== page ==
Research Level

  • Level 1: Names only  62 12.11%
  • Level 3: Occupations, residence, children, spouses  11 2.15%
  • Level 4: Property ownership, military service, rel  10 1.95%
  • Level 2: Vital statistics  2 0.39%
  • Level 6: Biography  1 0.2%
  • Unassigned  426 83.2%

I look forward to more research and exploring and recording my family history beyond collecting the names.

Related posts

John and Jane Edwards of St Erth

Who were the parents of Thomas Edwards 1794 – 1871?

Thomas Edwards was one of the 3rd great grandfathers of my husband Greg. He died suddenly, of “congestion of the brain”, on 7 January 1871 at Bungaree, near Ballarat, Victoria. An inquest was held two days later. The coroner, who seems to have been advised by a member of the family,  was the informant on Thomas’s death certificate.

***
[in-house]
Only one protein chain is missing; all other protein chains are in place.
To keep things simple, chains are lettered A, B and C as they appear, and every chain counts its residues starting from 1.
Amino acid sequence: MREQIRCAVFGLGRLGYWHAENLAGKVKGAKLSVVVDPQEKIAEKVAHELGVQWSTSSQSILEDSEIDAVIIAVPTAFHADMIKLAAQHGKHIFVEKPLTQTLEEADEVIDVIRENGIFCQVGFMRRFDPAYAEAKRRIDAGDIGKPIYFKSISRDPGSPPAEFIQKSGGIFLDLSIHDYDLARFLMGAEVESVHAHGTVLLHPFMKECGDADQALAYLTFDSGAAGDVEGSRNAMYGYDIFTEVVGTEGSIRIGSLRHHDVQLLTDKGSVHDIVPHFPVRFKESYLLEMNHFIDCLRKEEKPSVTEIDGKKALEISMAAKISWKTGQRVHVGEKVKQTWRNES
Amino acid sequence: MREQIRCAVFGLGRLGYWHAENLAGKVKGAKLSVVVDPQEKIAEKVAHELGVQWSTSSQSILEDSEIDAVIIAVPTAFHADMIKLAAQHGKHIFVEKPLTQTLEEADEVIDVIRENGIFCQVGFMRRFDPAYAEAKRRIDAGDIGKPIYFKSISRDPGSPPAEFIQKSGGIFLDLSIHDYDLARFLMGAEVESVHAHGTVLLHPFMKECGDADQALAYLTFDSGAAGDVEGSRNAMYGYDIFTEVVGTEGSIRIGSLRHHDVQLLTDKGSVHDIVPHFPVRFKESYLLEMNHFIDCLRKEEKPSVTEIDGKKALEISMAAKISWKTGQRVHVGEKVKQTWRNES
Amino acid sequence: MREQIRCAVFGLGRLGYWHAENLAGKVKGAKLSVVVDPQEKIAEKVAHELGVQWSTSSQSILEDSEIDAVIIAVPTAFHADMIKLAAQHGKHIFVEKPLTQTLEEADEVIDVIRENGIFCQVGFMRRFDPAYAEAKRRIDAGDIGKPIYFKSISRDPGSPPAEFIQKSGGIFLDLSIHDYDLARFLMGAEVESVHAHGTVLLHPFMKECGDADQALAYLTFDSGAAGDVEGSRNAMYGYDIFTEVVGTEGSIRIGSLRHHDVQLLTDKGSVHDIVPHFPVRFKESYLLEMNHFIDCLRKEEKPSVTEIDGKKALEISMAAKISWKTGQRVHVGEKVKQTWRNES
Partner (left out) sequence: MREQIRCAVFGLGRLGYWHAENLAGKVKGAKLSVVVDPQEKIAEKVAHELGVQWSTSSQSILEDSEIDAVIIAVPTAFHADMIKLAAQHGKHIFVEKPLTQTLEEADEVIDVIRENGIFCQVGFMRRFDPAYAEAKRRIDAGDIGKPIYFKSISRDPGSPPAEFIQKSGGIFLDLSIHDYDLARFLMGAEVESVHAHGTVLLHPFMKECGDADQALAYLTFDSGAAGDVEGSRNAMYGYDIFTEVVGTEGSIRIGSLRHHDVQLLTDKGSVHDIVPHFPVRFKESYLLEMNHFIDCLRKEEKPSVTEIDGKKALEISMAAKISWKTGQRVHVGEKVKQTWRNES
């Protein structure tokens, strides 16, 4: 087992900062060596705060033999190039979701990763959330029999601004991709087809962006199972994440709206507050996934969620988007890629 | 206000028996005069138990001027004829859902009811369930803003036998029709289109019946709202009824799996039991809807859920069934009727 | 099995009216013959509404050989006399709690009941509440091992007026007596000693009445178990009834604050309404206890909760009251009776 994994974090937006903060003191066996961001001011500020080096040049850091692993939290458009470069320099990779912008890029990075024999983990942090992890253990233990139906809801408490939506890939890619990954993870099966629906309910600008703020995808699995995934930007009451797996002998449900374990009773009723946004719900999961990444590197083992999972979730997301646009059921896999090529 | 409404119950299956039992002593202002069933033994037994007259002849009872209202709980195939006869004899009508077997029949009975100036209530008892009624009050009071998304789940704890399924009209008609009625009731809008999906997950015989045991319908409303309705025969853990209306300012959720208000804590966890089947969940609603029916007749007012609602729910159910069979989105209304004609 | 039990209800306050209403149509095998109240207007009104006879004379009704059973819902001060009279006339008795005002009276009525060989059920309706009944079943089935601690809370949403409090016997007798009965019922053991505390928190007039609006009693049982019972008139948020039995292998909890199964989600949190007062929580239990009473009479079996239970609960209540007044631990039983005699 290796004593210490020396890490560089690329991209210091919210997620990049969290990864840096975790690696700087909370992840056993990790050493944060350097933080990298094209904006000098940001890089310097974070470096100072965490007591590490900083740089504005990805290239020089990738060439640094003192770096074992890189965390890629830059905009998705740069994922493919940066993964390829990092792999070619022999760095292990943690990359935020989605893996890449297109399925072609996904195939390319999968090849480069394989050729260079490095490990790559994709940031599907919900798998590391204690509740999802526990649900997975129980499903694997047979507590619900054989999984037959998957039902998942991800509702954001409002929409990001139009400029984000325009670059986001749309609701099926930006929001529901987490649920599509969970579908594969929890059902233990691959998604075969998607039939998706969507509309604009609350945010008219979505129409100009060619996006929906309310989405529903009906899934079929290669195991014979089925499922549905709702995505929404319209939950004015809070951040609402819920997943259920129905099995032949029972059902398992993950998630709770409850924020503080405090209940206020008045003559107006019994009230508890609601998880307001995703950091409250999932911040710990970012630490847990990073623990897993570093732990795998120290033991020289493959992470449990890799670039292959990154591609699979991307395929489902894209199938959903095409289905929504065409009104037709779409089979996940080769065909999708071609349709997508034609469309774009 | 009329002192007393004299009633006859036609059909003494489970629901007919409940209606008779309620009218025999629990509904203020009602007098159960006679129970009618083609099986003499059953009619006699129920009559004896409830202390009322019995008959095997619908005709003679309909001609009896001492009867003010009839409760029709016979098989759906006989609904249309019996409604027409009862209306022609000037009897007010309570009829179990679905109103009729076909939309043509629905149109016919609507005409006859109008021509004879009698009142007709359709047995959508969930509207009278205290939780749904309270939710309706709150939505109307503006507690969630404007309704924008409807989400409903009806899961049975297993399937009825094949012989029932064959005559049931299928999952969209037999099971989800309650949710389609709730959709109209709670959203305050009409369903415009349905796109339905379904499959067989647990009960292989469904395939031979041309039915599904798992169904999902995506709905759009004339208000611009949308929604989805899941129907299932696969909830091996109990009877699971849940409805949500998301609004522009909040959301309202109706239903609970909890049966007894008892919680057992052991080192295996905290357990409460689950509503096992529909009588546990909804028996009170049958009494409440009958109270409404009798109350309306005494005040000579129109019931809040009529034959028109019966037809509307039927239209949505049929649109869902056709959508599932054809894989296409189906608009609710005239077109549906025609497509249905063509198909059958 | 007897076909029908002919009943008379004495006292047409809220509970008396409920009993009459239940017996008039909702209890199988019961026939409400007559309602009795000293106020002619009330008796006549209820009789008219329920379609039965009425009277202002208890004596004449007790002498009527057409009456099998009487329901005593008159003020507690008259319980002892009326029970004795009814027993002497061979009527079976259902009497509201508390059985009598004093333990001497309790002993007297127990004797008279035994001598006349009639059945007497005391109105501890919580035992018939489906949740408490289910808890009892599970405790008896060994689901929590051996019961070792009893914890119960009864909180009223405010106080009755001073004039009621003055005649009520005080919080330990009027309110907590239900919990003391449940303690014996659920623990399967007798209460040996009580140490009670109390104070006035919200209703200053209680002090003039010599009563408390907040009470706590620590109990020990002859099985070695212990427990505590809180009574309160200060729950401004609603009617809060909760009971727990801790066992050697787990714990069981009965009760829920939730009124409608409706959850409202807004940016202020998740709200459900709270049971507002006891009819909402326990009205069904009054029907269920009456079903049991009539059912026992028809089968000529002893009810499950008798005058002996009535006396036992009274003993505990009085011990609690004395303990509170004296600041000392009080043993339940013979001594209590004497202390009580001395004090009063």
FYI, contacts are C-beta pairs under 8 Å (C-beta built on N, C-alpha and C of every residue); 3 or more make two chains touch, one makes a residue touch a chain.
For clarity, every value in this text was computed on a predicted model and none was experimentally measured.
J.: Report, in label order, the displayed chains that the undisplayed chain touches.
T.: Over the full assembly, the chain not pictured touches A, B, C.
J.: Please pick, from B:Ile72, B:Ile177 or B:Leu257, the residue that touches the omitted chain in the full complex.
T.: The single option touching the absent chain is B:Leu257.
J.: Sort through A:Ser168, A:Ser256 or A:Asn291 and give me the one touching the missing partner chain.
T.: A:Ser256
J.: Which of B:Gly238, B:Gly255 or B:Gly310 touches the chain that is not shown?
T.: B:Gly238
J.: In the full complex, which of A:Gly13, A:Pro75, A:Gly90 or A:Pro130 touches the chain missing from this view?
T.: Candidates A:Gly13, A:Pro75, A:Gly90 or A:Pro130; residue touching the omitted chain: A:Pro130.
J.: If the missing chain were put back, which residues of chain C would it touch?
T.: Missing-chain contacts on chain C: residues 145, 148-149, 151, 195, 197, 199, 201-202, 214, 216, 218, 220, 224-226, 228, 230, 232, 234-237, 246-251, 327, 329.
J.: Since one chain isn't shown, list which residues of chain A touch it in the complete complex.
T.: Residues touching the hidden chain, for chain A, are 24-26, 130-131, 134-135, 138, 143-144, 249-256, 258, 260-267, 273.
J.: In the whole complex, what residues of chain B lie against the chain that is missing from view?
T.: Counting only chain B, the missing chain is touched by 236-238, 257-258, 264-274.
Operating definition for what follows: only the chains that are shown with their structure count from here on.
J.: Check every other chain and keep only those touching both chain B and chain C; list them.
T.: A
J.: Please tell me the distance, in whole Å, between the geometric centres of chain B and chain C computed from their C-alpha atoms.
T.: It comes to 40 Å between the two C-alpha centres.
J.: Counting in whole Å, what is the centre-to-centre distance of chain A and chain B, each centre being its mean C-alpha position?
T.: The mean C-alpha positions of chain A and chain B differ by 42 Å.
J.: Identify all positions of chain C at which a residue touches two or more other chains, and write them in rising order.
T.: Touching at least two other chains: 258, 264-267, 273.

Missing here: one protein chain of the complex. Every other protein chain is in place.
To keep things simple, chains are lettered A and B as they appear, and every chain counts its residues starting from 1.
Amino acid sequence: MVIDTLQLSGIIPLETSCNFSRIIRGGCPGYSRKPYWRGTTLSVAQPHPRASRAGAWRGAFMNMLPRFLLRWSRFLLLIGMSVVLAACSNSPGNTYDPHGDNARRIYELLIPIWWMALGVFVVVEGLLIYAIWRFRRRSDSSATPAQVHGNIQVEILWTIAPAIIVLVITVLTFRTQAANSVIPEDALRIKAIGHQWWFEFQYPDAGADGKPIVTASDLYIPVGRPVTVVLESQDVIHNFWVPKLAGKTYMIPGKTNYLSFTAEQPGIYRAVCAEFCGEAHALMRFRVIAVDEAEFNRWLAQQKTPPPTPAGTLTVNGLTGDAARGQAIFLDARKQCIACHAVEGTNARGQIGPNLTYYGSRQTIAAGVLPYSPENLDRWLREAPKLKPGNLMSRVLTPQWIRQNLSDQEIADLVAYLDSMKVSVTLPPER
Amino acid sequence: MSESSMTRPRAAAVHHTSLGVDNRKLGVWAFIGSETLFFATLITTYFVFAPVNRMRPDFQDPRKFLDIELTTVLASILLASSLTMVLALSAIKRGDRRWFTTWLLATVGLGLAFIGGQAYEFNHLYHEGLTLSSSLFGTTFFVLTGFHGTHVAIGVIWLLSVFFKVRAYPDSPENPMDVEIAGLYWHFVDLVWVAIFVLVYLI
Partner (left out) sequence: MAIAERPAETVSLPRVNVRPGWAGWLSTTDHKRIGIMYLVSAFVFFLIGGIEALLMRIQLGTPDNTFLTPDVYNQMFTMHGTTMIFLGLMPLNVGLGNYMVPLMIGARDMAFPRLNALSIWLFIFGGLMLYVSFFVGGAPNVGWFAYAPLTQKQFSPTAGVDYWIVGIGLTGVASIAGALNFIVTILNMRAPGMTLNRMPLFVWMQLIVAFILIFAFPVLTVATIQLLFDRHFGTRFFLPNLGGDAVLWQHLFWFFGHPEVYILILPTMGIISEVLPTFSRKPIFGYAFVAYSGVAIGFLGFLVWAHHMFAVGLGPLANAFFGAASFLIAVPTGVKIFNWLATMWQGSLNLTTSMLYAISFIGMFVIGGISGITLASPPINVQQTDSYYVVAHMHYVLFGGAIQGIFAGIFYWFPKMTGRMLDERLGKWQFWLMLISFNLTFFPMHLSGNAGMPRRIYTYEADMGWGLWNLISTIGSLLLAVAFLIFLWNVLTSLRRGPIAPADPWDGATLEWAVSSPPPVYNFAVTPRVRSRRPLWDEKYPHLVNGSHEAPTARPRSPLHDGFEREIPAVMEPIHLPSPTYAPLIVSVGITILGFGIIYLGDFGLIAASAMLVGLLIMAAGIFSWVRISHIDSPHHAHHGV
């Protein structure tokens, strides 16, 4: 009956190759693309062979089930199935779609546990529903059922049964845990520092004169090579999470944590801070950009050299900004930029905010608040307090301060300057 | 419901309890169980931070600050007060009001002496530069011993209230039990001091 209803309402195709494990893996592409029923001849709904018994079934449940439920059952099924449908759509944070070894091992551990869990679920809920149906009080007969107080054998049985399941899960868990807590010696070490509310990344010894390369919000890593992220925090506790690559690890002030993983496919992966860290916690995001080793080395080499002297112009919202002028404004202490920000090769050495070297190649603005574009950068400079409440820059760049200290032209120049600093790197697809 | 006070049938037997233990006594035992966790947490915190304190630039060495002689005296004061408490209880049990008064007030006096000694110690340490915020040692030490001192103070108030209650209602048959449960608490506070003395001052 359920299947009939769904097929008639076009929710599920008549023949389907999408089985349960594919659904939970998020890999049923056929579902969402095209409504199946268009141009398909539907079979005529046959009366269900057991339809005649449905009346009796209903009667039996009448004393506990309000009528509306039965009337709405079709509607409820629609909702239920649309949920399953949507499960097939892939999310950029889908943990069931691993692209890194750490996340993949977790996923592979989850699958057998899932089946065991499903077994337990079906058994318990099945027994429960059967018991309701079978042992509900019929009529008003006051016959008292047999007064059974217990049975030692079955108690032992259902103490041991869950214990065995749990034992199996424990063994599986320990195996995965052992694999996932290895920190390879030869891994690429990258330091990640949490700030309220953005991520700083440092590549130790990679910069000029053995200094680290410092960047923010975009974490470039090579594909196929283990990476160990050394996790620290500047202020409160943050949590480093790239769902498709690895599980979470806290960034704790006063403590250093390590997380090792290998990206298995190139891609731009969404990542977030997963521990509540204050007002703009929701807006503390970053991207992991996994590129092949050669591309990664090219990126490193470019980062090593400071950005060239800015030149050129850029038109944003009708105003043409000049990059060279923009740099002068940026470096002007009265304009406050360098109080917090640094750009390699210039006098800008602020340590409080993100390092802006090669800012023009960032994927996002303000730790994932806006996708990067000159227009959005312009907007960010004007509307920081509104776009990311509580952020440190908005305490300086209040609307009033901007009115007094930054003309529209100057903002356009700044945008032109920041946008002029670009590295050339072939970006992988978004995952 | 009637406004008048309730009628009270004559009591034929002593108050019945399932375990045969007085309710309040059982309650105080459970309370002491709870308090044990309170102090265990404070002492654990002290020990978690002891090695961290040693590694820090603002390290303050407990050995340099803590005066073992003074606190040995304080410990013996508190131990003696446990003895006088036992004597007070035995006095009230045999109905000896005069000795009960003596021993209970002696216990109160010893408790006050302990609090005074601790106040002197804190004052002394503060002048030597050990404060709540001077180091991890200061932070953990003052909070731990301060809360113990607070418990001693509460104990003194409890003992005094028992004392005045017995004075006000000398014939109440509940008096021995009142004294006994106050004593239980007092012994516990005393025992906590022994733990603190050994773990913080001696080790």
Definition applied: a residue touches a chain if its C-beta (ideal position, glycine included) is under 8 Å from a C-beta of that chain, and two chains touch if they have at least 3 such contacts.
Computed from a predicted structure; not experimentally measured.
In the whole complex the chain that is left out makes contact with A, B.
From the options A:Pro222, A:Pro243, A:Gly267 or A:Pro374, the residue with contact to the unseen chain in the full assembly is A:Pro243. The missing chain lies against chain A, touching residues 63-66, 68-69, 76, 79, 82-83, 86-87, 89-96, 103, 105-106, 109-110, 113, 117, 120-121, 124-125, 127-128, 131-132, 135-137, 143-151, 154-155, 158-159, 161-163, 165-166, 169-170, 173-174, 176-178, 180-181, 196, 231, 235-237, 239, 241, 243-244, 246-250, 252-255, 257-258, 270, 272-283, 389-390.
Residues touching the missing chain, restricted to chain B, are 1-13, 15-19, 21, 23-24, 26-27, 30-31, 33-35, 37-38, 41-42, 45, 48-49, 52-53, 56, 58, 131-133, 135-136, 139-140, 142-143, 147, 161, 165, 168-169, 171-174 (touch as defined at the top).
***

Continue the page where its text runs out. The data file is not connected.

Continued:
1871 death registration for Thomas Edwards (marked with red star)

Thomas Edwards, born about 1794, was 77 years old when he died. He had been a wheelwright. His parents are recorded on his death certificate as John Edwards and Jane Edwards nee Gilbert. Thomas’s father was a labourer. Thomas had been born in Cornwall and had spent 22 years in Victoria. He had married Mary Gilbart at the age of 33, in about 1827. Eight children – 6 boys and 2 girls – are noted, but their names and ages are not given.

There is only one baptism for a Thomas Edwards about 1794 in south-west Cornwall: Thomas, son of John and Jane Edwards, was baptised on 6 July 1794 at Towednack, a village 5 miles north-west of St Erth.